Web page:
Wage Growth is Lone Bright Spot
Against a consensus forecast of 190K, the economy added 151K jobs in January. This was down from average gains of about 280K over the prior three months. The unemployment rate declined from 5.0% to 4.9%, the lowest level since February 2008.
While job gains in January were a little lower than expected, investors focused more on the surprisingly strong wage growth. Average hourly earnings, an indicator of wage growth, rose 0.5% in January, which was well above the consensus forecast. Investors raised their outlook for future inflation based on the wage data, forcing mortgage rates a little higher after the report.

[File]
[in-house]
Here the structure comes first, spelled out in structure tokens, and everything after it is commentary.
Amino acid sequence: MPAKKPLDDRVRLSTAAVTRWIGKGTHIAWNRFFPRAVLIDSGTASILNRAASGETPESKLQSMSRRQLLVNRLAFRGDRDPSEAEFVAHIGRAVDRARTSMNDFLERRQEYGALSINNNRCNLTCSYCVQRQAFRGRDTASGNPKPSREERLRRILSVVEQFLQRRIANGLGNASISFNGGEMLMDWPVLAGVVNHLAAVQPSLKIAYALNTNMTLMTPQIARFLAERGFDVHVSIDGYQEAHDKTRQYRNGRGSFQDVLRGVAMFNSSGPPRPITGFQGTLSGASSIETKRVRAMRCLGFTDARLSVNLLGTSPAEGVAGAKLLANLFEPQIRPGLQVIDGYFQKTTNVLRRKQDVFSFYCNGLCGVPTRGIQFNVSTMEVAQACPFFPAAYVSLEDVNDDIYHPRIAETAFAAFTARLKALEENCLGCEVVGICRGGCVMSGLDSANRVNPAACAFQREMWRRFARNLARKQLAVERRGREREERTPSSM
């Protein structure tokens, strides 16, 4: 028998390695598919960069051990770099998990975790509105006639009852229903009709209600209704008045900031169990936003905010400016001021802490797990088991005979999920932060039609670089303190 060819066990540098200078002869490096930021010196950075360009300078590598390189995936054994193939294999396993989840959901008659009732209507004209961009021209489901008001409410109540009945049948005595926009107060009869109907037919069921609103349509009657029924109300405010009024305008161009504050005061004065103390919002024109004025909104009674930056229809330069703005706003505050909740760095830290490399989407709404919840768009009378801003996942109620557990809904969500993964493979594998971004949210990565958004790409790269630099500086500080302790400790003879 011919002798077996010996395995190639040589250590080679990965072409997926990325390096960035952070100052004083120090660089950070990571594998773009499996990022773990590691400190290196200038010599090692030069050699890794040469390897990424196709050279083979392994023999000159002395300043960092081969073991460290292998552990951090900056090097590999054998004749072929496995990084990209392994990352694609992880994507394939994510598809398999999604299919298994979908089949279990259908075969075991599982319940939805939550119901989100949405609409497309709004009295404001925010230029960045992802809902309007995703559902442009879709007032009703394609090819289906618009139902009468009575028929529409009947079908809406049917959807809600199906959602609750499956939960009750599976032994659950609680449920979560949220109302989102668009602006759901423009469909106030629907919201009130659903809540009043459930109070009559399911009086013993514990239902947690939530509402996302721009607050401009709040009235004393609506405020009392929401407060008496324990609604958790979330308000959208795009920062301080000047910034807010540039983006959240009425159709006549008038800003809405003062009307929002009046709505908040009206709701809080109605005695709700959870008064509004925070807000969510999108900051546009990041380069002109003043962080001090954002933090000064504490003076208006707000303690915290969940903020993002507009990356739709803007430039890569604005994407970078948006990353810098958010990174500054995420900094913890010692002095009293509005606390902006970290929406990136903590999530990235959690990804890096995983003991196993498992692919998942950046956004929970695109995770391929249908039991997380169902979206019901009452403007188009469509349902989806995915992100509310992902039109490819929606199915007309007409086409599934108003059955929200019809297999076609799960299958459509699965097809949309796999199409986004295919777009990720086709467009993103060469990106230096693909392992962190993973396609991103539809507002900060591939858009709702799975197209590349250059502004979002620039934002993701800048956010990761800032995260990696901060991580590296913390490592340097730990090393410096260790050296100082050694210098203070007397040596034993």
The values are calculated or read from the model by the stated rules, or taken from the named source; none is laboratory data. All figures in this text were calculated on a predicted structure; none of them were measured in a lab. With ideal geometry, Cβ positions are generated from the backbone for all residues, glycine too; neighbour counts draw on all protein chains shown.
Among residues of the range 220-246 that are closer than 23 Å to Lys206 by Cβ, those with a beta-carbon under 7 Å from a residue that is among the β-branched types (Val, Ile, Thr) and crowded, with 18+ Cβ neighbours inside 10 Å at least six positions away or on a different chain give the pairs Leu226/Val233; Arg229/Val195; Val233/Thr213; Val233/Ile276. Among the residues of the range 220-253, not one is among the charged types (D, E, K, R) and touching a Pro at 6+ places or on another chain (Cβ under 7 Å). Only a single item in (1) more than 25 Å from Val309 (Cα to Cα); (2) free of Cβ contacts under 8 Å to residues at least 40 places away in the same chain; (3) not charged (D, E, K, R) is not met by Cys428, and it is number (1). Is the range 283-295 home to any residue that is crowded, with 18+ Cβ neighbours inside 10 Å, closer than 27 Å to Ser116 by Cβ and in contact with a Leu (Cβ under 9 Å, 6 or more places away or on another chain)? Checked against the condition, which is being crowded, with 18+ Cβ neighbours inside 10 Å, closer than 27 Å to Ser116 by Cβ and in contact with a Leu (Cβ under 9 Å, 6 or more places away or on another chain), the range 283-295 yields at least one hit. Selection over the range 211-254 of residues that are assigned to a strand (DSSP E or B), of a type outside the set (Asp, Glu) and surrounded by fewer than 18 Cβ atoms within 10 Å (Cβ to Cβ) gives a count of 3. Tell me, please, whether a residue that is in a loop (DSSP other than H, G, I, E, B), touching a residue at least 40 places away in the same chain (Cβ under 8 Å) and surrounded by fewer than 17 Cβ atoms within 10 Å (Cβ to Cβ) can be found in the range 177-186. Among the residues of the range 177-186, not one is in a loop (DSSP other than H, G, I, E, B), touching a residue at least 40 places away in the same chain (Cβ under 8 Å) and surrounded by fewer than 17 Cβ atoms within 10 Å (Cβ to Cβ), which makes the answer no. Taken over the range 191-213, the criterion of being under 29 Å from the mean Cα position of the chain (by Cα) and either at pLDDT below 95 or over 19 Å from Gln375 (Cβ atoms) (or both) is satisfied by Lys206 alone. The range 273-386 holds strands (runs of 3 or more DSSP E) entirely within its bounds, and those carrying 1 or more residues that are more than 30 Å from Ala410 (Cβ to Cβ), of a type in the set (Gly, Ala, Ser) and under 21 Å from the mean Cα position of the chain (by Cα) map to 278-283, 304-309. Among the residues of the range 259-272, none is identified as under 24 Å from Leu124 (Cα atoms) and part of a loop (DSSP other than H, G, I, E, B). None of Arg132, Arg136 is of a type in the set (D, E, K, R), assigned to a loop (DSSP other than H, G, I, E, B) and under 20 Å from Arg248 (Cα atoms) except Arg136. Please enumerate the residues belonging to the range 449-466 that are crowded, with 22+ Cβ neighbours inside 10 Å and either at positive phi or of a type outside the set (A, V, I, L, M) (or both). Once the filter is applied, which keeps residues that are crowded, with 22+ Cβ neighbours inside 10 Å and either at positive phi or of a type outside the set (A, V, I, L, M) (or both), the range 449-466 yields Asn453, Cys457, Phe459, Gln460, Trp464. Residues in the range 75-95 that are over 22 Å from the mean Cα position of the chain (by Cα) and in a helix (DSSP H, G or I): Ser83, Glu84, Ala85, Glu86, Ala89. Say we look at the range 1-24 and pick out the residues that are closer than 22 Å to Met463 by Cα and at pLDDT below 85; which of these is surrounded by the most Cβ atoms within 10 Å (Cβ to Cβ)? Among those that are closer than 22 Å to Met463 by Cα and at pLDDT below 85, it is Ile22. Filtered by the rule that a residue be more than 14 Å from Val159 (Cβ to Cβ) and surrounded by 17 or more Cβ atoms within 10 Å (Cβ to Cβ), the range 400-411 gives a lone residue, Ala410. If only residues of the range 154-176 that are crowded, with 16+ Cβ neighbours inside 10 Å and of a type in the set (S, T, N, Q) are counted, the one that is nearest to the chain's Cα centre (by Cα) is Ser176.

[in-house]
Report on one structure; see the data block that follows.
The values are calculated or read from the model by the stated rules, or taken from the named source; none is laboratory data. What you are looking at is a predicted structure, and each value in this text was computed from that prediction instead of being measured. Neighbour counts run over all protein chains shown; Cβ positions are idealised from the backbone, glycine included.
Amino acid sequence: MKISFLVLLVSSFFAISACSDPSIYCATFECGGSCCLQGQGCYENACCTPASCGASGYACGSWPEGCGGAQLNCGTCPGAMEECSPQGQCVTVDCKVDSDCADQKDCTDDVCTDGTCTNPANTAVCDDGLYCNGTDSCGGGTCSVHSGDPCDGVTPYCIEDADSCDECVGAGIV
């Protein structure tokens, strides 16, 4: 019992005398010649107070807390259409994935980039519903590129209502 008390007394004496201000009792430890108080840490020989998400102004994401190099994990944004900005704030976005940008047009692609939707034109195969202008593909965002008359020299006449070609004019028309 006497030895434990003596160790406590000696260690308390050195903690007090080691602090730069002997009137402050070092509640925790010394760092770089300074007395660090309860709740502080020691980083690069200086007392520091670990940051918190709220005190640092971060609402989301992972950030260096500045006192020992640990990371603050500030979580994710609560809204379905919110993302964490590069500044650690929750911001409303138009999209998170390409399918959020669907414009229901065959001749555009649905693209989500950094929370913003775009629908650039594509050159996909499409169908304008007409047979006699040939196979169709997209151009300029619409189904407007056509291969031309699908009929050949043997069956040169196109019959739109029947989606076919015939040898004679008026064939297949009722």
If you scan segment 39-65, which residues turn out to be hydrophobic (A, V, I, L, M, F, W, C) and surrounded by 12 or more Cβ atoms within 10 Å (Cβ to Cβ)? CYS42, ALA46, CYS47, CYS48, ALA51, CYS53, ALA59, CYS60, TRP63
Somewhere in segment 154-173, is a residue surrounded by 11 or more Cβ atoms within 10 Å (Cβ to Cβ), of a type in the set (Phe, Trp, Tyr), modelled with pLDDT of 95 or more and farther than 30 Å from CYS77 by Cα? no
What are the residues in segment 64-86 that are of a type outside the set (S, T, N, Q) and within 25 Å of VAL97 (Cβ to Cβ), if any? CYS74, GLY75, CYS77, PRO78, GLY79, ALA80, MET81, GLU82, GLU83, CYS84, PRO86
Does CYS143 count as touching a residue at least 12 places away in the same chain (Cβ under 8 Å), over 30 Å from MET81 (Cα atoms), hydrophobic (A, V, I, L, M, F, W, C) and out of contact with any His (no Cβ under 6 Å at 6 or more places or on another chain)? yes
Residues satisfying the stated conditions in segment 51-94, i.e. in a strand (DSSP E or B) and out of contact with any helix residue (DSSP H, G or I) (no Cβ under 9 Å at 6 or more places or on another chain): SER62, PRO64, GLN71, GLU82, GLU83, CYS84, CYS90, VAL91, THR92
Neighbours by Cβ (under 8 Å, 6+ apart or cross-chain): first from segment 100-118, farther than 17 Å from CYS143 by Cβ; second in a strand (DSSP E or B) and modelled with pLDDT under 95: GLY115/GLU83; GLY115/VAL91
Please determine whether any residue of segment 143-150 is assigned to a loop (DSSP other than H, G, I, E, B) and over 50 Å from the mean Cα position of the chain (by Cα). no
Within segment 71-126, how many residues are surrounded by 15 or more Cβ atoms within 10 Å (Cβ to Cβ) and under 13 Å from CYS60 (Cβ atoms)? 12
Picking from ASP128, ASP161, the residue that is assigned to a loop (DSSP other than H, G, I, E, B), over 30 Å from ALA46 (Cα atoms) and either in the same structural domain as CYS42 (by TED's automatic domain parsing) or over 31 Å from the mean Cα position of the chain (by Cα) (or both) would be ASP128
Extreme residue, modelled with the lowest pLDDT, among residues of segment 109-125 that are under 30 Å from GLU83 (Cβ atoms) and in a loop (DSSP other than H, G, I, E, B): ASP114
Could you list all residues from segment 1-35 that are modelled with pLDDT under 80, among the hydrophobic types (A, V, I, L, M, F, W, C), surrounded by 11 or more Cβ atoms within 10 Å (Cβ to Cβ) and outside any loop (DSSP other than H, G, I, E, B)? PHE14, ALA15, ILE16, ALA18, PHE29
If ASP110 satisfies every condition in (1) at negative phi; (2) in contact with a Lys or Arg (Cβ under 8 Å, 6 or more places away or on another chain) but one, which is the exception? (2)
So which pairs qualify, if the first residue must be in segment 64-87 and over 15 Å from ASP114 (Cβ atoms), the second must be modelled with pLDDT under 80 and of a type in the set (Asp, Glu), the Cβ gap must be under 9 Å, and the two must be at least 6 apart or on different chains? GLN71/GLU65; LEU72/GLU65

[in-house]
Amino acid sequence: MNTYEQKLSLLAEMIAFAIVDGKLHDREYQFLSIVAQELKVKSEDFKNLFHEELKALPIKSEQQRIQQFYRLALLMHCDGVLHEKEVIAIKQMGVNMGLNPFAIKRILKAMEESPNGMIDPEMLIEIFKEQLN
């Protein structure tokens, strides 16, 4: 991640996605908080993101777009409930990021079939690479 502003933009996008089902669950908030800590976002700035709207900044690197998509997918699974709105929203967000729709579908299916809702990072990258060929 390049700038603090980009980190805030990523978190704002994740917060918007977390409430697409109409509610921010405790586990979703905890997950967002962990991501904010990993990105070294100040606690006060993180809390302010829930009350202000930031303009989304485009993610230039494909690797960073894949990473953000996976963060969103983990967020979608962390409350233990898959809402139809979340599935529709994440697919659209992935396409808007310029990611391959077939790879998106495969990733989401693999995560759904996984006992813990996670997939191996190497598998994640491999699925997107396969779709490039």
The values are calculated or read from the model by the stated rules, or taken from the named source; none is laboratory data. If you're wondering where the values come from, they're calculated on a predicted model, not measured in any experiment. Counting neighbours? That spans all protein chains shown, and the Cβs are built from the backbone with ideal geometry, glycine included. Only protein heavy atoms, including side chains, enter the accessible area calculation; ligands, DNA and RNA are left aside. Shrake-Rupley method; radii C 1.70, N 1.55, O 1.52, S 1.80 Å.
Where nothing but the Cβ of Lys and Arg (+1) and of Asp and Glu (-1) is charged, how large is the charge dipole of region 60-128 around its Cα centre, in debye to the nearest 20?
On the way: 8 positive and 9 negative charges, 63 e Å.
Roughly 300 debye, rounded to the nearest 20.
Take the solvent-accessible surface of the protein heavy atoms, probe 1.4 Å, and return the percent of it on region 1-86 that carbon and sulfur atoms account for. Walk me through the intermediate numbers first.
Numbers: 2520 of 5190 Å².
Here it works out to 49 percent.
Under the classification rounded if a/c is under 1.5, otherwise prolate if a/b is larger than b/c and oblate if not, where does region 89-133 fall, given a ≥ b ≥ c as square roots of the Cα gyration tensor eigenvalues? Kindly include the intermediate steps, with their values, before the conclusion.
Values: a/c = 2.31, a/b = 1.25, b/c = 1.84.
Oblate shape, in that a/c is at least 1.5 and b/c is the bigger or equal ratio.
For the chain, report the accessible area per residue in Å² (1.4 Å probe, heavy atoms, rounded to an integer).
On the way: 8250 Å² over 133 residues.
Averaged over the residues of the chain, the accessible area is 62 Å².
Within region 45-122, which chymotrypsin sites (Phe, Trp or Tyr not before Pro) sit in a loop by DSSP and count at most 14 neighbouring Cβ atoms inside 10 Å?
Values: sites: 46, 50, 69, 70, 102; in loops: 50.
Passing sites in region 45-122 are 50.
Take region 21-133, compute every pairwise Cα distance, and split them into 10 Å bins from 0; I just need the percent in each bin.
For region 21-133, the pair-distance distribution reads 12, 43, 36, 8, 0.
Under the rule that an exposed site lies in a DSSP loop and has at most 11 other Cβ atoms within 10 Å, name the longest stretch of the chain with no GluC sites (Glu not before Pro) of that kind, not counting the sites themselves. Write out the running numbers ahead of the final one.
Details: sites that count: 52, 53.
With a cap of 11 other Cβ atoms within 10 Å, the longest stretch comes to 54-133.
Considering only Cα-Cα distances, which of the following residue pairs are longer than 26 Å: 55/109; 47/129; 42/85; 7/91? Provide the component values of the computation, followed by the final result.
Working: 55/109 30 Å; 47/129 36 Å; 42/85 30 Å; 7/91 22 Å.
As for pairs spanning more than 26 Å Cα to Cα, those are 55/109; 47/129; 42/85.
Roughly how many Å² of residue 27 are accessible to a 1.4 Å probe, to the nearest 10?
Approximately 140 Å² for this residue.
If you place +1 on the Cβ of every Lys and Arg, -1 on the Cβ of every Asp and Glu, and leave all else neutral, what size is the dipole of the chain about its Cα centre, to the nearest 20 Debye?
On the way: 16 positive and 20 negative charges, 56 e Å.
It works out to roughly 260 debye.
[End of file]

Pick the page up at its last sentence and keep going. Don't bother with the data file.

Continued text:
By contrast, nearly all of the data released earlier in the week was positive for mortgage rates. U.S. manufacturing activity has slowed sharply in recent months. The ISM national manufacturing index is at the lowest level since 2009. The stronger dollar and weakening demand in other countries have hurt the sector. Manufacturing makes up a relatively small portion of U.S. economic activity, though. More disturbing to investors, the ISM national services index declined to the lowest level since early 2014. The service sector represents over 80% of the U.S. economy.
Factors:, The JOLTS report, will come out on Tuesday. JOLTS measures job openings and labor turnover rates. Retail Sales will be released on Friday. Consumer spending accounts for about 70% of economic output in the U.S., and the retail sales data is a key indicator. Fed Chair Janet Yellen will be speaking on Wednesday and Thursday.
Check back weekly for our Minnesota mortgage industry updates!